Full-text · Article · Jan 2014 · PLoS ONE
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    • "However, it is important to bear in mind the challenges in studying transmission of this pathogen related to the overall diversity and variability of L. monocytogenes, even within a single dairy herd, particularly considering the well supported strain variability in L. monocytogenes virulence (Nightingale et al., 2005; Roche et al., 2005). Therefore, the extensive sampling conducted in this study provided particularly valuable data for a better understanding of L. monocytogenes shedding in cattle, and has also formed the basis for a mathematical model on pathogen shedding (Ivanek et al., 2007). "
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    ABSTRACT: Fecal shedding of Listeria monocytogenes poses a risk for contamination of animal feed and agricultural environments and raw food at the pre-harvest stages of food production. To be able to reduce these risks it is critical to improve understanding of the epidemiology of L. monocytogenes shedding in feces. The objective of this study was to assess the daily variability of fecal shedding and its association with individual animal (lactation number and the day of current lactation) and environmental (feed) risk factors. That was achieved by application of longitudinal daily sample collection in a herd of dairy cattle and molecular characterization of isolated L. monocytogenes. Fecal samples (25) and silage samples (2) were collected daily during two 2-week periods and one 5-day period. L. monocytogenes was isolated from 255 out of 825 (31%) fecal samples on 24 out of 33 (73%) days, and from 25 out of 66 (38%) silage samples on 16 out of 33 (48%) days. Ninety-four percent of cows excreted L. monocytogenes in feces at least once during the study period. Our data analyses indicated that (i) the prevalence and incidence risk of L. monocytogenes fecal shedding in cattle vary considerably over time, from 0 to 100%, and both are associated with contamination of silage, (ii) L. monocytogenes fecal shedding in cattle could occur as part of an outbreak or as an isolated sporadic case, (iii) L. monocytogenes subtypes associated with human infections are commonly isolated from cattle feces and silage, and (iv) a single cow can harbor more than one L. monocytogenes subtype on any given day. Although limited to a single dairy cattle herd, these findings provide a significant advancement in the understanding of the epidemiology of L. monocytogenes fecal shedding in dairy cattle.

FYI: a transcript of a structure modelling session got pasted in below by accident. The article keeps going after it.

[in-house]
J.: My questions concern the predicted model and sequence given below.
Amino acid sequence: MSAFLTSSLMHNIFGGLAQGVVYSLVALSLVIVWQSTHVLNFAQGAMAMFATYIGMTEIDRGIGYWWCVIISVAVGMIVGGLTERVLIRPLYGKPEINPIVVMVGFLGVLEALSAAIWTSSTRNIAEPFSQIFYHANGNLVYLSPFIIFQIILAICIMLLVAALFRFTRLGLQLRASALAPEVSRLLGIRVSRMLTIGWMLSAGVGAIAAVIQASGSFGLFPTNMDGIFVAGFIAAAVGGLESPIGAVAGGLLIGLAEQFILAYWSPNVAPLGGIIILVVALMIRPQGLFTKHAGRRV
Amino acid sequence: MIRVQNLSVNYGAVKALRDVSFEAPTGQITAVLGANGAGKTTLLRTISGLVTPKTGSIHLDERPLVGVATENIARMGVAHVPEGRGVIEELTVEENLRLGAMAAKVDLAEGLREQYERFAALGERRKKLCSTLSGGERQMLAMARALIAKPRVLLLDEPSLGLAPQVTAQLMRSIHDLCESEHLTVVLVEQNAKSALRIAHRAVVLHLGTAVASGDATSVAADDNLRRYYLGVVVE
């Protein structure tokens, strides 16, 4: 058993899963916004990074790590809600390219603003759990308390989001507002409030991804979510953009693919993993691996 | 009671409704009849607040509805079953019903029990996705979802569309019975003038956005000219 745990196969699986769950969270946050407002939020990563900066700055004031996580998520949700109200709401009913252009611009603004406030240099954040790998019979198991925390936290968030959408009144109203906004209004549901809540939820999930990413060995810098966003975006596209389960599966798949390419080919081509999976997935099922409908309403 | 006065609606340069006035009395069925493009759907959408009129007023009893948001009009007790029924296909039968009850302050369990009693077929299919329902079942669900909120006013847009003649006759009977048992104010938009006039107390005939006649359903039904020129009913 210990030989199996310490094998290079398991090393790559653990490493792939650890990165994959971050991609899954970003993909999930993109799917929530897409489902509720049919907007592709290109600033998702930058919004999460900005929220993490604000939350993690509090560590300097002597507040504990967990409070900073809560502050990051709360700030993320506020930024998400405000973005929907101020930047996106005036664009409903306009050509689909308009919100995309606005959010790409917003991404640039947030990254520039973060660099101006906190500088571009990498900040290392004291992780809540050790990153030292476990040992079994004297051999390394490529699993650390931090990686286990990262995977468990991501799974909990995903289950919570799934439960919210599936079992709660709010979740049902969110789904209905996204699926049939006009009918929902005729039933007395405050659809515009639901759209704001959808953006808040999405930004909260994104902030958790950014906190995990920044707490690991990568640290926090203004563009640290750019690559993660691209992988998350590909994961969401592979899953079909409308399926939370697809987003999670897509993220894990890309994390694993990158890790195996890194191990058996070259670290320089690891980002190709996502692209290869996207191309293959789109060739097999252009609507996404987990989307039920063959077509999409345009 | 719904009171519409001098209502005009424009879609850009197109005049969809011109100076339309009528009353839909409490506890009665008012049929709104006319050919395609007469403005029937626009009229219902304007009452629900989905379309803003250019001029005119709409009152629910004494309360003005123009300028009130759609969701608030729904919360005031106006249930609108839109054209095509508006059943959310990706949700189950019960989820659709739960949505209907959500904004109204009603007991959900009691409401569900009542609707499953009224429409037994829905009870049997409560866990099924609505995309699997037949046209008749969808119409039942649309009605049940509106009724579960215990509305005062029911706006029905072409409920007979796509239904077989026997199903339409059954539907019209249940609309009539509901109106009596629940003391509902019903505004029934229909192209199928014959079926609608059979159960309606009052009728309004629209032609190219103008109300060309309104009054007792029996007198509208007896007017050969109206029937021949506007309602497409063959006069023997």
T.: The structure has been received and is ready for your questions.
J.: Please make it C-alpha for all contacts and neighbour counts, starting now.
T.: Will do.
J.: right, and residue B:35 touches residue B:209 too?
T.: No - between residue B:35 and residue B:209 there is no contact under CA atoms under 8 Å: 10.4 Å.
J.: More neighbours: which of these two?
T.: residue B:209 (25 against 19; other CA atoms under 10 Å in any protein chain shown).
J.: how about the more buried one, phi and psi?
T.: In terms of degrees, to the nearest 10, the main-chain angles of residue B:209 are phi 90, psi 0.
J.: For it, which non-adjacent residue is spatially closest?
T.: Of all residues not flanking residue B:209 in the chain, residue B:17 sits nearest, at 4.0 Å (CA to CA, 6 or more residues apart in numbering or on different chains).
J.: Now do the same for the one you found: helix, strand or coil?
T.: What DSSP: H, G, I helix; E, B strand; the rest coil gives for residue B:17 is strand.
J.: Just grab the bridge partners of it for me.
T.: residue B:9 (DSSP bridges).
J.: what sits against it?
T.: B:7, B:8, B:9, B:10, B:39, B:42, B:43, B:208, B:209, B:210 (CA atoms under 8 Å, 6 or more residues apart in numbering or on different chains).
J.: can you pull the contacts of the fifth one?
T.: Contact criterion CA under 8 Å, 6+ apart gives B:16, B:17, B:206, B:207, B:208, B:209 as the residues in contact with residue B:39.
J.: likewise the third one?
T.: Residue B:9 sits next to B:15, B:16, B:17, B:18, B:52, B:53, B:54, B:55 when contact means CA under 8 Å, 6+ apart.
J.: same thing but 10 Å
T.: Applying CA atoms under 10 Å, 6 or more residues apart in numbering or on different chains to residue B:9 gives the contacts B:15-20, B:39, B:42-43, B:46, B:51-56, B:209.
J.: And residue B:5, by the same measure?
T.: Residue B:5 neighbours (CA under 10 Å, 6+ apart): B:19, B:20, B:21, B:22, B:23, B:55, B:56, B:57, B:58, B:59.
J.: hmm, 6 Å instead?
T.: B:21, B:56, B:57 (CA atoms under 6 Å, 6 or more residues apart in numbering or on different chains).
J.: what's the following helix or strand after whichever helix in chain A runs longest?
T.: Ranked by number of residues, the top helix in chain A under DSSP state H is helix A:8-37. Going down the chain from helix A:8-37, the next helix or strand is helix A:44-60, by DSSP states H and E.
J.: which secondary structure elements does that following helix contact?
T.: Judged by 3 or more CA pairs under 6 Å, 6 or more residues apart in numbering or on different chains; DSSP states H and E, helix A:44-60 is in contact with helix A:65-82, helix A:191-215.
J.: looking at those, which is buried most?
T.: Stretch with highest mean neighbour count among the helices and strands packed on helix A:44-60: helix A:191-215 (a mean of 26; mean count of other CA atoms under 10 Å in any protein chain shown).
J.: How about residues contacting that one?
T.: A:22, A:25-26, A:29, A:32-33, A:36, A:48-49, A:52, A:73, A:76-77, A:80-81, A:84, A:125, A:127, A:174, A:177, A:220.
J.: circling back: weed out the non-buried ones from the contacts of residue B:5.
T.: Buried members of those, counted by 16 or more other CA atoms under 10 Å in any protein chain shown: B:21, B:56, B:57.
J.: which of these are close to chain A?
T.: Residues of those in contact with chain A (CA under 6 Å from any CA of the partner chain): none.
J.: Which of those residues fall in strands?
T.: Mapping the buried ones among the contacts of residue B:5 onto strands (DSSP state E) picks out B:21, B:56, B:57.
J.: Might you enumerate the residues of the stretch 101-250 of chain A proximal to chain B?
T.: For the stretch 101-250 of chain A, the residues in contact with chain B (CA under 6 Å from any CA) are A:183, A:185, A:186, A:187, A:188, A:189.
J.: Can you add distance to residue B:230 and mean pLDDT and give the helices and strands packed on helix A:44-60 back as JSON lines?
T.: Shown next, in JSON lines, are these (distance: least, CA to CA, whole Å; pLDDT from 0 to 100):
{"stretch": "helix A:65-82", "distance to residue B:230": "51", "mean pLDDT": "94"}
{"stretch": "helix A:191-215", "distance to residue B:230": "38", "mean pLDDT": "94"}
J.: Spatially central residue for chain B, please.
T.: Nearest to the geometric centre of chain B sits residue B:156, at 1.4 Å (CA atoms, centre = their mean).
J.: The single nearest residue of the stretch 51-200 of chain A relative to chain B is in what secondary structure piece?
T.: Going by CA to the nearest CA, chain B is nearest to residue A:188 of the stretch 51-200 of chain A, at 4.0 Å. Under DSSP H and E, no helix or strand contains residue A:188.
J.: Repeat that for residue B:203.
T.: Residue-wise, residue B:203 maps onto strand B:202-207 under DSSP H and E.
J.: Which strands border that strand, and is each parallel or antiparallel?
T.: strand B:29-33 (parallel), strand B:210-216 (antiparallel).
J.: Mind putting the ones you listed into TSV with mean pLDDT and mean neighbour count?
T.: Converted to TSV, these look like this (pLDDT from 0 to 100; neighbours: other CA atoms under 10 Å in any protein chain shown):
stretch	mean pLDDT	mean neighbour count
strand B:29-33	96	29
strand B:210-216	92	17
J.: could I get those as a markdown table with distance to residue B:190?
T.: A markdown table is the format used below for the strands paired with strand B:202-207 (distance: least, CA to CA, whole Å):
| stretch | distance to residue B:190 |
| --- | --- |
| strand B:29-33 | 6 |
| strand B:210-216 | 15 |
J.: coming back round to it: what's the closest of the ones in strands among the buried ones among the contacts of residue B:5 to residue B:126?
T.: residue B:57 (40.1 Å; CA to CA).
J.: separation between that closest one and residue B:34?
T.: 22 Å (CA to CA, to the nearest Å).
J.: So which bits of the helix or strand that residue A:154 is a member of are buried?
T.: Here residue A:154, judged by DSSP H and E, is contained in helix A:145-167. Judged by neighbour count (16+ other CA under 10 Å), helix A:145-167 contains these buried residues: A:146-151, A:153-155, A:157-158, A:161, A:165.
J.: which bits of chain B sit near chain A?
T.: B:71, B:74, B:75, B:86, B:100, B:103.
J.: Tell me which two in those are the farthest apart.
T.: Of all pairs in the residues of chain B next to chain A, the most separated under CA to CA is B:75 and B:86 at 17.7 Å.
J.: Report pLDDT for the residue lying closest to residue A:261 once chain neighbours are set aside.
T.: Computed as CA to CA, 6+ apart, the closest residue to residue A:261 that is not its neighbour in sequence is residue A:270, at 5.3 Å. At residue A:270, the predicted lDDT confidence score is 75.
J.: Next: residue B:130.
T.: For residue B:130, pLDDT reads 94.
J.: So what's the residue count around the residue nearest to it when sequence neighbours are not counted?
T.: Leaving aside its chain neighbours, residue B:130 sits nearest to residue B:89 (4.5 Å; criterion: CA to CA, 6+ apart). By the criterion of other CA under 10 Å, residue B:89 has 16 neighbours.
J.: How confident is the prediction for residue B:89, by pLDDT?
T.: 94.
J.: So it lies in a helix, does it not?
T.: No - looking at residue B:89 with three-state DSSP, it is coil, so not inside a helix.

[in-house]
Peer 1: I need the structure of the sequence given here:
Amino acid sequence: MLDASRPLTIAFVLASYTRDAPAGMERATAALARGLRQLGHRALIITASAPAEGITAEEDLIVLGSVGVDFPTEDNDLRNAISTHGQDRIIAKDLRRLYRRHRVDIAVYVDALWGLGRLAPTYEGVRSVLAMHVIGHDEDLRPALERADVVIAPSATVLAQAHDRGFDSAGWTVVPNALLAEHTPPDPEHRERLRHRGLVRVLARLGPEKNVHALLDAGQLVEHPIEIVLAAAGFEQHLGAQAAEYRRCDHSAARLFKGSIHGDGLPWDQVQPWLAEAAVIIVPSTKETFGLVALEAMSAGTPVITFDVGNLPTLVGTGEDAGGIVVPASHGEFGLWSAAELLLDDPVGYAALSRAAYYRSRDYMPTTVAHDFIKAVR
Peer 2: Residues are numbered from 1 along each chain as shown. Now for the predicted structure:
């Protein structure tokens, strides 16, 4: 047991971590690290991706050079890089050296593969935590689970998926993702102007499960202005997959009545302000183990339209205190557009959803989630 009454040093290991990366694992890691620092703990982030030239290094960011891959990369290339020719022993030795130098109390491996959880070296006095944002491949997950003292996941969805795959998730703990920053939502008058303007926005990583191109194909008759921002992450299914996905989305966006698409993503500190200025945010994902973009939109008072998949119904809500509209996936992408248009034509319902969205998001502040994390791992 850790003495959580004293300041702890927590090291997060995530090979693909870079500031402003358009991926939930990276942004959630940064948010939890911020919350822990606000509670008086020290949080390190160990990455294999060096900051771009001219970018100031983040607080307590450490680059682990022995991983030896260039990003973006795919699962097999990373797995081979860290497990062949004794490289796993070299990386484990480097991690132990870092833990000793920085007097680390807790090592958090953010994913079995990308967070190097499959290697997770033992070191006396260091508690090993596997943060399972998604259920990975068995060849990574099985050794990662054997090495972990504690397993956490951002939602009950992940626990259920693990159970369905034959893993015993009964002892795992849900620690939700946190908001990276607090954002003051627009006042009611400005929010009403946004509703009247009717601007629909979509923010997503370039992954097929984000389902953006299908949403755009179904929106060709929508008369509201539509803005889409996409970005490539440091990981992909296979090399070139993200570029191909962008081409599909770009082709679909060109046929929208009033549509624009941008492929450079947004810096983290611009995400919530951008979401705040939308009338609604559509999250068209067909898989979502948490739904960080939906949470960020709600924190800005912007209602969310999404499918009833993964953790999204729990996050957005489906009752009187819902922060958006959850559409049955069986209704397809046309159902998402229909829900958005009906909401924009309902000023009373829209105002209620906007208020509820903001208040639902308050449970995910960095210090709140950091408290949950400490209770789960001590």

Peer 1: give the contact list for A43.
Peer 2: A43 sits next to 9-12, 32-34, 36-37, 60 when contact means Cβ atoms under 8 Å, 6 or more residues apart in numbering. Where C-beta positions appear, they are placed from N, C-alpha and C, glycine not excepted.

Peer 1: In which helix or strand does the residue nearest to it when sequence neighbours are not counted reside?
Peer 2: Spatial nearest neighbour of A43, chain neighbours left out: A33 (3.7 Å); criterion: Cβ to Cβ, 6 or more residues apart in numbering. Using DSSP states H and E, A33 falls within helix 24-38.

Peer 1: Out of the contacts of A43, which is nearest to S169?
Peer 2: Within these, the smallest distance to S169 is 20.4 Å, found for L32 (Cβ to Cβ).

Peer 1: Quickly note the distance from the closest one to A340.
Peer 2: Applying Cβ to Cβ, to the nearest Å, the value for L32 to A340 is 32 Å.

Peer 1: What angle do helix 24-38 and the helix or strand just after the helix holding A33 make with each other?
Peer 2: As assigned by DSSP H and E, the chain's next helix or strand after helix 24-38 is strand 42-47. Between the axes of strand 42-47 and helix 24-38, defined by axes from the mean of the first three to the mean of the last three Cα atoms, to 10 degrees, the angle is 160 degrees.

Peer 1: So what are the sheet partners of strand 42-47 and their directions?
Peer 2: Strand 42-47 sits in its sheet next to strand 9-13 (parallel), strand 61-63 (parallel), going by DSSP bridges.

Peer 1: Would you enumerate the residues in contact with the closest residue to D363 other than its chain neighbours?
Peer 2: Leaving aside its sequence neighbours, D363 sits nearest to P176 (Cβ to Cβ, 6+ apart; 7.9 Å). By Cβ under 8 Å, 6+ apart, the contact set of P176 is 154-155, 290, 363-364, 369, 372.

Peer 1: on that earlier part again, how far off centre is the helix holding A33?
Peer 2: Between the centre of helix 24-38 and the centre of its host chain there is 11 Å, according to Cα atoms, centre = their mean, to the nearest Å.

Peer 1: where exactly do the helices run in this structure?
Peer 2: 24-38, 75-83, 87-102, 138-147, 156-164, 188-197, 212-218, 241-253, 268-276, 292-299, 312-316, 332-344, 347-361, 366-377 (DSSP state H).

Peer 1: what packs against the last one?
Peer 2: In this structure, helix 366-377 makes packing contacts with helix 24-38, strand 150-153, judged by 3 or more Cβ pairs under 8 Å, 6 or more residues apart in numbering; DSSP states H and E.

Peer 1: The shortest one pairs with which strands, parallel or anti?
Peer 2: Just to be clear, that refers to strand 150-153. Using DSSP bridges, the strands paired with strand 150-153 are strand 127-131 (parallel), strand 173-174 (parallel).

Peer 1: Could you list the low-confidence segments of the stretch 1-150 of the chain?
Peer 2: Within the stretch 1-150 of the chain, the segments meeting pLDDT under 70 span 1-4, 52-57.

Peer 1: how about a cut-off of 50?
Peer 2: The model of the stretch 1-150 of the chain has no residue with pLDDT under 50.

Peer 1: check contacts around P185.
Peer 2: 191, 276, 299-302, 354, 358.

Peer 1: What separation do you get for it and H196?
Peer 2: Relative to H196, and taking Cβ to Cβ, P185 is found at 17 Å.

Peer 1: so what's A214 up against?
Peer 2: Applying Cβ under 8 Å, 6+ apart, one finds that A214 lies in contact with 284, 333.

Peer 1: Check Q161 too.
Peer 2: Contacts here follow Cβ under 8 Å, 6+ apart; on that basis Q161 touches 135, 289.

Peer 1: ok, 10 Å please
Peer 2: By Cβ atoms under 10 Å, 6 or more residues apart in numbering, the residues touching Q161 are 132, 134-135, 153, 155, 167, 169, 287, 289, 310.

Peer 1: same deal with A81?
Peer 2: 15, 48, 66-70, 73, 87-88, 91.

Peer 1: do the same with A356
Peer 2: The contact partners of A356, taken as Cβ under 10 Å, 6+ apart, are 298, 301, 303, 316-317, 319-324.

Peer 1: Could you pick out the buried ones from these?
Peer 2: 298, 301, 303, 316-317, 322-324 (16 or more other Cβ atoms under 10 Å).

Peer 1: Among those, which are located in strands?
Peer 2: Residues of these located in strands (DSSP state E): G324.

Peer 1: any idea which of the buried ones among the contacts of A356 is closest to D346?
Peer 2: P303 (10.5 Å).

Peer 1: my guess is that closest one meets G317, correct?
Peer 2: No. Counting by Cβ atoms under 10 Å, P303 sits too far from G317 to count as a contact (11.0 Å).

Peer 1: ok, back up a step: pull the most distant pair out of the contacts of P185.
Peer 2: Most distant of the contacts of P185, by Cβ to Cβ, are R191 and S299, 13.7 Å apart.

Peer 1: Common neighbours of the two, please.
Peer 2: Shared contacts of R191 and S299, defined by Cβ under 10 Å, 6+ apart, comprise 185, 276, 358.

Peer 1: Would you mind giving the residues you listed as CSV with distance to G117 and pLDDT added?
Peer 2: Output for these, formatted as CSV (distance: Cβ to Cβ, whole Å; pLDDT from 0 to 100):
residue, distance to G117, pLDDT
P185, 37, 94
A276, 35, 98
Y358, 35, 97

Full-text · Article · Sep 2007 · Preventive Veterinary Medicine
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    ABSTRACT: NOTE: An effective introduction to Markov chains and some of their computational science applications can be accomplished by covering the first two parts, "Scientific Questions" and "Computational Models," and omitting the third on "Bioinformatics and Markov Chains." Exercise 1 and Projects 1-5 are accessible with only this background. The third part provides the necessary background for Exercises 2 and 3 and Projects 6-10. The sections entitled "The Area" and "High Performance Computing and Bioinformatics" of that part can be covered on their own as an overview of the need for high performance computing in this important new area of biology and computational science.